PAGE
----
Britain's YouView Internet TV service launches
YouView, a free UK television service combining digital channels with on-demand programming, launched some two years behind schedule on Wednesday, hoping to appeal to households unwilling to shell out on pay-TV from BSkyB or Virgin Media.
YouView, a free UK television service combining digital channels with on-demand programming, launched some two years behind schedule on Wednesday, hoping to appeal to households unwilling to shell out on pay-TV from BSkyB (BSY.L) or Virgin Media (VMED.O).
But the service, backed by the BBC, ITV (ITV.L), Channel 4, Channel 5, Arqiva, BT (BT.L) and TalkTalk (TALK.L), is entering a crowded market and its initial offer of catch-up services like iPlayer and digital channels available on the rival Freeview service may not make an impact, analysts say.
Lord Sugar, the businessman and TV personality bought in as YouView chairman last year to bring leadership to the floundering project, said it was aimed at the 13-15 million British households without a pay-TV deal.
'The Freeview audience don't want to be tied to a contract, they only need this box,' he said.
'The audience to me is Mrs Smith on the 17th floor of a tower block in Newham.'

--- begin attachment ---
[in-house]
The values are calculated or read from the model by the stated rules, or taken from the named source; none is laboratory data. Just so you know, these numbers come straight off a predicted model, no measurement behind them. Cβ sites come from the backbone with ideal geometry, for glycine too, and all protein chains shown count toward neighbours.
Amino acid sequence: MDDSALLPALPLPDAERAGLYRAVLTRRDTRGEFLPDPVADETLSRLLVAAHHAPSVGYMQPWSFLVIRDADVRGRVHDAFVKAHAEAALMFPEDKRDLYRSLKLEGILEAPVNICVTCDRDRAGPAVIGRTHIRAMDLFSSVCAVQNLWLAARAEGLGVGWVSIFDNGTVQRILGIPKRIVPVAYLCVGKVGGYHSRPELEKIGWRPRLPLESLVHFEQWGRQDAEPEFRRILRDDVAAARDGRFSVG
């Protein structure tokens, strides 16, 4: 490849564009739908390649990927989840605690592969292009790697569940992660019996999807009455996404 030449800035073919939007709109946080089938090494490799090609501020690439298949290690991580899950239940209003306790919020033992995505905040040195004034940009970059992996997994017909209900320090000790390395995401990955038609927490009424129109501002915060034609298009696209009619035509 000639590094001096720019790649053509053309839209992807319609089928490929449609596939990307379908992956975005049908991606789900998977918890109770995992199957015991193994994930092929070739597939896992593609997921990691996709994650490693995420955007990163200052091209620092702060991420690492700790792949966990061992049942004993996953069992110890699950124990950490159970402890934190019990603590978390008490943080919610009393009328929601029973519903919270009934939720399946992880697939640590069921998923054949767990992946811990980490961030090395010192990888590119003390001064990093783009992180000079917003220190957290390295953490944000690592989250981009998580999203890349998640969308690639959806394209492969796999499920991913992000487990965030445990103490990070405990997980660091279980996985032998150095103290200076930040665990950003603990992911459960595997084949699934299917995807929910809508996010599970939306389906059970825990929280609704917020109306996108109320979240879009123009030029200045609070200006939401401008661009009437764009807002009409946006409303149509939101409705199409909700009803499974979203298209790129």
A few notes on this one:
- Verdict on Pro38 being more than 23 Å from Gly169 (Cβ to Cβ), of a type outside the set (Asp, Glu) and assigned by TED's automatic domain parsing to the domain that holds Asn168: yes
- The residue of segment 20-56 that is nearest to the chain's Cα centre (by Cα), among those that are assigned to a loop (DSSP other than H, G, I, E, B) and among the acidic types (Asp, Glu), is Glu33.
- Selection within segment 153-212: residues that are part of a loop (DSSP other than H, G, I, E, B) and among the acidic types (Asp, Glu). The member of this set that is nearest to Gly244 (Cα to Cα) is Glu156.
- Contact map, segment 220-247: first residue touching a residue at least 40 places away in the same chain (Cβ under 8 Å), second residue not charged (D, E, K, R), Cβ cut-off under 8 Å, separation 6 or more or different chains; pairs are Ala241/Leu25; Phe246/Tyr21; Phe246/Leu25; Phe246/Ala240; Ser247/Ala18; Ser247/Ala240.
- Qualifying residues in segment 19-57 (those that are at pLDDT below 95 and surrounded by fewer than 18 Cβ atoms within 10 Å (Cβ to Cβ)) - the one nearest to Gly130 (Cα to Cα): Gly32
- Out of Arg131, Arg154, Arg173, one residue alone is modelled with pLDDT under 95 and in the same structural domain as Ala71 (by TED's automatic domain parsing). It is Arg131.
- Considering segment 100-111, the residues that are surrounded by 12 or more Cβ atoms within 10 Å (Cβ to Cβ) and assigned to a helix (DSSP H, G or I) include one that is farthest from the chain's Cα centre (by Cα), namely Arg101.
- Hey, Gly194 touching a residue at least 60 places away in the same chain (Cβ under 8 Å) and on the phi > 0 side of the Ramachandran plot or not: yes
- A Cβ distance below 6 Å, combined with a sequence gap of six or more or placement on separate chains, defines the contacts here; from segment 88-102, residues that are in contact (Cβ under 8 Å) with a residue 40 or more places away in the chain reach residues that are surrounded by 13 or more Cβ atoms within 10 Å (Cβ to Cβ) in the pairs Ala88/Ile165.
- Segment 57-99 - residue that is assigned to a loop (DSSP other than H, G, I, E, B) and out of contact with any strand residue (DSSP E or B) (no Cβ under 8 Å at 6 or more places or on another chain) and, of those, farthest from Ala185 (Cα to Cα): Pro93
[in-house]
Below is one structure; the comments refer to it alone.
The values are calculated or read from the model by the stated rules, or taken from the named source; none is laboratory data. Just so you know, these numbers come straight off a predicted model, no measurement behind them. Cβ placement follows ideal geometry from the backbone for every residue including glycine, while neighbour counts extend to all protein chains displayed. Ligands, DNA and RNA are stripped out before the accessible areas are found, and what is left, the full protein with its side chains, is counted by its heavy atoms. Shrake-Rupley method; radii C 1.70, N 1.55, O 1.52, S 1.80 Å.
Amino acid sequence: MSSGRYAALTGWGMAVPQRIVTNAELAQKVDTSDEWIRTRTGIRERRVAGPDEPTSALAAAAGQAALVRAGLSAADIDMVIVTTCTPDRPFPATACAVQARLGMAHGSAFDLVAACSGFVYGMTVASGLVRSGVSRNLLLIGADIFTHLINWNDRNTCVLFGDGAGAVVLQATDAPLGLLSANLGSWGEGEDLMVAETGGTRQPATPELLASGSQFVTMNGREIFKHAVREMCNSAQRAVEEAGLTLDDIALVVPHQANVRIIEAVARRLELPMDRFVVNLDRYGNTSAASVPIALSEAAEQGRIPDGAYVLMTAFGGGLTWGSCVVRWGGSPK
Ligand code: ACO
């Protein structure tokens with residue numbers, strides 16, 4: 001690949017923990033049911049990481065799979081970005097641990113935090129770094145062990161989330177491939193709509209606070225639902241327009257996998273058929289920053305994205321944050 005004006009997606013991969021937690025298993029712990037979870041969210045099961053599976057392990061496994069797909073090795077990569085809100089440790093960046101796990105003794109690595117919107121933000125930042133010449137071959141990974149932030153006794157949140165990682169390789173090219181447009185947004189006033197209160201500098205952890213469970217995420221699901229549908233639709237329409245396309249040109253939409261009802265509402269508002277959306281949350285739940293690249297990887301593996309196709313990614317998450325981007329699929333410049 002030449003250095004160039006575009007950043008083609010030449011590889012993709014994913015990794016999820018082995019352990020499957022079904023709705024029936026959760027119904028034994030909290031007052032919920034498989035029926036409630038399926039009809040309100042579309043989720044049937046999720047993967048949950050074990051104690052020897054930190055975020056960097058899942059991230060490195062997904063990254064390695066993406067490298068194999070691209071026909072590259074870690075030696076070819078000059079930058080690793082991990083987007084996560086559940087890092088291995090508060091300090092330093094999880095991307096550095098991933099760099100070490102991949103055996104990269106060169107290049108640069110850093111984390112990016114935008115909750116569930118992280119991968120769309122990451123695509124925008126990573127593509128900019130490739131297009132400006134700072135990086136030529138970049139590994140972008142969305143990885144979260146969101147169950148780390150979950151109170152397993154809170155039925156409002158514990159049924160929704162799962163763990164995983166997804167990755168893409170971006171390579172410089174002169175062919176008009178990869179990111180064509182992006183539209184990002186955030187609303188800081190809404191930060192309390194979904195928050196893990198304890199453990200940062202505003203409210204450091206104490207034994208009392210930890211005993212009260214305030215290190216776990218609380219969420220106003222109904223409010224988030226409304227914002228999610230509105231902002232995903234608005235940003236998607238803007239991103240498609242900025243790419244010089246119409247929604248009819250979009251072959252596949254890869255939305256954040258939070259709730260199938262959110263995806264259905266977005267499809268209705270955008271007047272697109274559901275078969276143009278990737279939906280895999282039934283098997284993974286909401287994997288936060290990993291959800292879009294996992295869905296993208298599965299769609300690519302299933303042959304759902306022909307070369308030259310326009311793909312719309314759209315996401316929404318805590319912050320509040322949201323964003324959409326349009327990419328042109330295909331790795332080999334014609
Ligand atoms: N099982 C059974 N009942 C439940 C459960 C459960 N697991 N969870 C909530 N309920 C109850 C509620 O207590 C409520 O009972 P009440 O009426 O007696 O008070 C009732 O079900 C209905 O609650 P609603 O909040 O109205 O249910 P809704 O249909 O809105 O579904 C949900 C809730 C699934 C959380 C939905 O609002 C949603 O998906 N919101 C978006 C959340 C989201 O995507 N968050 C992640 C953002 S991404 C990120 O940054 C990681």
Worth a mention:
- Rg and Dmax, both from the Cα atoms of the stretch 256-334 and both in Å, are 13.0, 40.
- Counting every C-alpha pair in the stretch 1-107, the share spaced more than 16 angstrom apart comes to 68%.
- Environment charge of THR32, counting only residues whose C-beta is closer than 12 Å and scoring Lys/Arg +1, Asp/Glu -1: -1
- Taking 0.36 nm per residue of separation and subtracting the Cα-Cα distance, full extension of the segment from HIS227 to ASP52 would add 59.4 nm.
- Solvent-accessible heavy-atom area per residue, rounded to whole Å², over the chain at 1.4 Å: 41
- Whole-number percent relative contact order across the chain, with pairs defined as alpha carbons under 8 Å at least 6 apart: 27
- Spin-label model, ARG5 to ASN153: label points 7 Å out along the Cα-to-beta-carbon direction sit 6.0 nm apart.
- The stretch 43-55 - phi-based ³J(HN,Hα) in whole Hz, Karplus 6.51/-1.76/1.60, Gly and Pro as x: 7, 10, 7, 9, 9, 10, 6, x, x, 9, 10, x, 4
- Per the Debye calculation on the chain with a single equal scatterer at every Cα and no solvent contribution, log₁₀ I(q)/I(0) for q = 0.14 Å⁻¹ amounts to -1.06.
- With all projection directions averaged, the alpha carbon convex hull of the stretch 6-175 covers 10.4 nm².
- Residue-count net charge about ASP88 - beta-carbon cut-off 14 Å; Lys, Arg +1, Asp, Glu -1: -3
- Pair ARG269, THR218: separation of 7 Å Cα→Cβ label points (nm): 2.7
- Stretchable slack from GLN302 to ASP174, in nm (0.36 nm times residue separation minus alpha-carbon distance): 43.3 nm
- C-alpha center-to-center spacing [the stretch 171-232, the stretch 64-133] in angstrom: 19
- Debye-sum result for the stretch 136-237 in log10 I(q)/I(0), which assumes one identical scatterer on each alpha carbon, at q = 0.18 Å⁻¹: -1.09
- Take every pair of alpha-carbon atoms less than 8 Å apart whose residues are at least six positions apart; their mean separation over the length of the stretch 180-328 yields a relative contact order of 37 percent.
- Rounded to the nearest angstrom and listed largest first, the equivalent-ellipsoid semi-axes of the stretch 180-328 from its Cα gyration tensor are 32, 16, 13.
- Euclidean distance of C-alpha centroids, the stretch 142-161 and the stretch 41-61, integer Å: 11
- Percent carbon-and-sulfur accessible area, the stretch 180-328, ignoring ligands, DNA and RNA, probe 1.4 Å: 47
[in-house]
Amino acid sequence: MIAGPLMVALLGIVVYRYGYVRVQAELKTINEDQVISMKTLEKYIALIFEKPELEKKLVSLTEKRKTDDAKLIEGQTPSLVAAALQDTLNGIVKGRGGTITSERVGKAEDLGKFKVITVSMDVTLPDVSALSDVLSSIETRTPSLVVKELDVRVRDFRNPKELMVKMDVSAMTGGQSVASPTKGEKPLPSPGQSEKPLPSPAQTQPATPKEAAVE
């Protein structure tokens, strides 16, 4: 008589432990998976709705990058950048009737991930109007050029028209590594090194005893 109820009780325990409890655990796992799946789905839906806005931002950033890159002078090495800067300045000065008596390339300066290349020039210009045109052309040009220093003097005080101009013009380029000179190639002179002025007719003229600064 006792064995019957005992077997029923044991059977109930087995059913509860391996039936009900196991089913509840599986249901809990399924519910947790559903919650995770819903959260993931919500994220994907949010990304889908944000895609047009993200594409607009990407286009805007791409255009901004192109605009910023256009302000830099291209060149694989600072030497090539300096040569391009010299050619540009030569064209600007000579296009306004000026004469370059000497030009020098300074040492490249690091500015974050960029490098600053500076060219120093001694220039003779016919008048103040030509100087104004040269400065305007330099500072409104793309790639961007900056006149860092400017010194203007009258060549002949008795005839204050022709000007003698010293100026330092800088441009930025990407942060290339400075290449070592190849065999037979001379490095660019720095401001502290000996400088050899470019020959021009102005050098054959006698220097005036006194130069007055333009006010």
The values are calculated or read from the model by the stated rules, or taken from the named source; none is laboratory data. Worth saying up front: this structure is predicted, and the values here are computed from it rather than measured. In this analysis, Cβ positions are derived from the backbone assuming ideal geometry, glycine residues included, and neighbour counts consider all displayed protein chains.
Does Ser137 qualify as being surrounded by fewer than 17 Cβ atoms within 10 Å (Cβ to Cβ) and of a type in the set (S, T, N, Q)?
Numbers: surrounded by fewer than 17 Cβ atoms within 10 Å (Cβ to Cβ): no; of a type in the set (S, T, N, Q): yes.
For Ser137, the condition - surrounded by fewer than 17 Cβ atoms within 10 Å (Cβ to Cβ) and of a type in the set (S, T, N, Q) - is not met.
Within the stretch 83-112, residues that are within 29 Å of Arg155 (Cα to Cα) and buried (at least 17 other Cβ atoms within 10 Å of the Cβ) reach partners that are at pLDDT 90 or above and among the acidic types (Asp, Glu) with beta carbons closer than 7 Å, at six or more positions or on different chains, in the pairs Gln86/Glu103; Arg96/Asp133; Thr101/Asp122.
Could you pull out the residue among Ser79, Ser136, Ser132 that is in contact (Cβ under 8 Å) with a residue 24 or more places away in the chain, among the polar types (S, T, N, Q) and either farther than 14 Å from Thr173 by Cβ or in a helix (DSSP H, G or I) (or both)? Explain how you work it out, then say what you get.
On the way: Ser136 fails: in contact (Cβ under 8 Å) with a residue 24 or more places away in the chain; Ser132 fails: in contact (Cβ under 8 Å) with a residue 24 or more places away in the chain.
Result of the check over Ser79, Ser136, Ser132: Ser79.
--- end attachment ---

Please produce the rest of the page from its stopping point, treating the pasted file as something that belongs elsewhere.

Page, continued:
YouView will have just one model of set-top box on sale by the end of July, made by South Korean manufacturer Humax (115160.KQ) and priced at a relatively expensive 299 pounds ($470).
Sugar, whose Amstrad computer company supplied satellite dishes for the launch of Rupert Murdoch's Sky TV in the late 1980s, said cheaper set-top boxes would follow.
'Will I be surprised if in two years there are boxes in the retail channel at 99 pounds?' Not really.' he said on Wednesday.
YouView will also be packaged in broadband subscriptions from BT and TalkTalk, but software glitches meant no launch dates were unveiled at Wednesday's event.
Dido Harding, chief executive of TalkTalk, said at the event that the group would unveil its YouView plans at an investor day on July 26.
Despite the hitches, Sugar, who judges the business skills of young people in the UK edition of 'The Apprentice' reality show, said he saw plenty of potential in YouView.
The box was a 'carcass' to which additional content such as on-demand movies and internet TV channels would be added in the future, he said.
Analysts, who had said YouView could be threat to BSkyB and Virgin Media by offering on-demand content without the need for a subscription at a time when household spending is coming under pressure, were not so sure.
They said YouView's impact had been blunted by its long gestation, which had given many other services, including catch-up TV on games machines, time to enter the market.
'Clearly the consortium wanted to make some kind of impact ahead of the Olympics but in effect this will not be a mainstream proposition for UK customers until the end of 2012,' said Nick Thomas at Informa Telecoms and Media.
'Had it launched in 2010 or 2011, it would have been able to shape the market, but now, it is another smart TV platform competing with offers from Freeview Plus, Sky, Virgin Media and TV manufacturers.' ($1 = 0.6378 British pounds)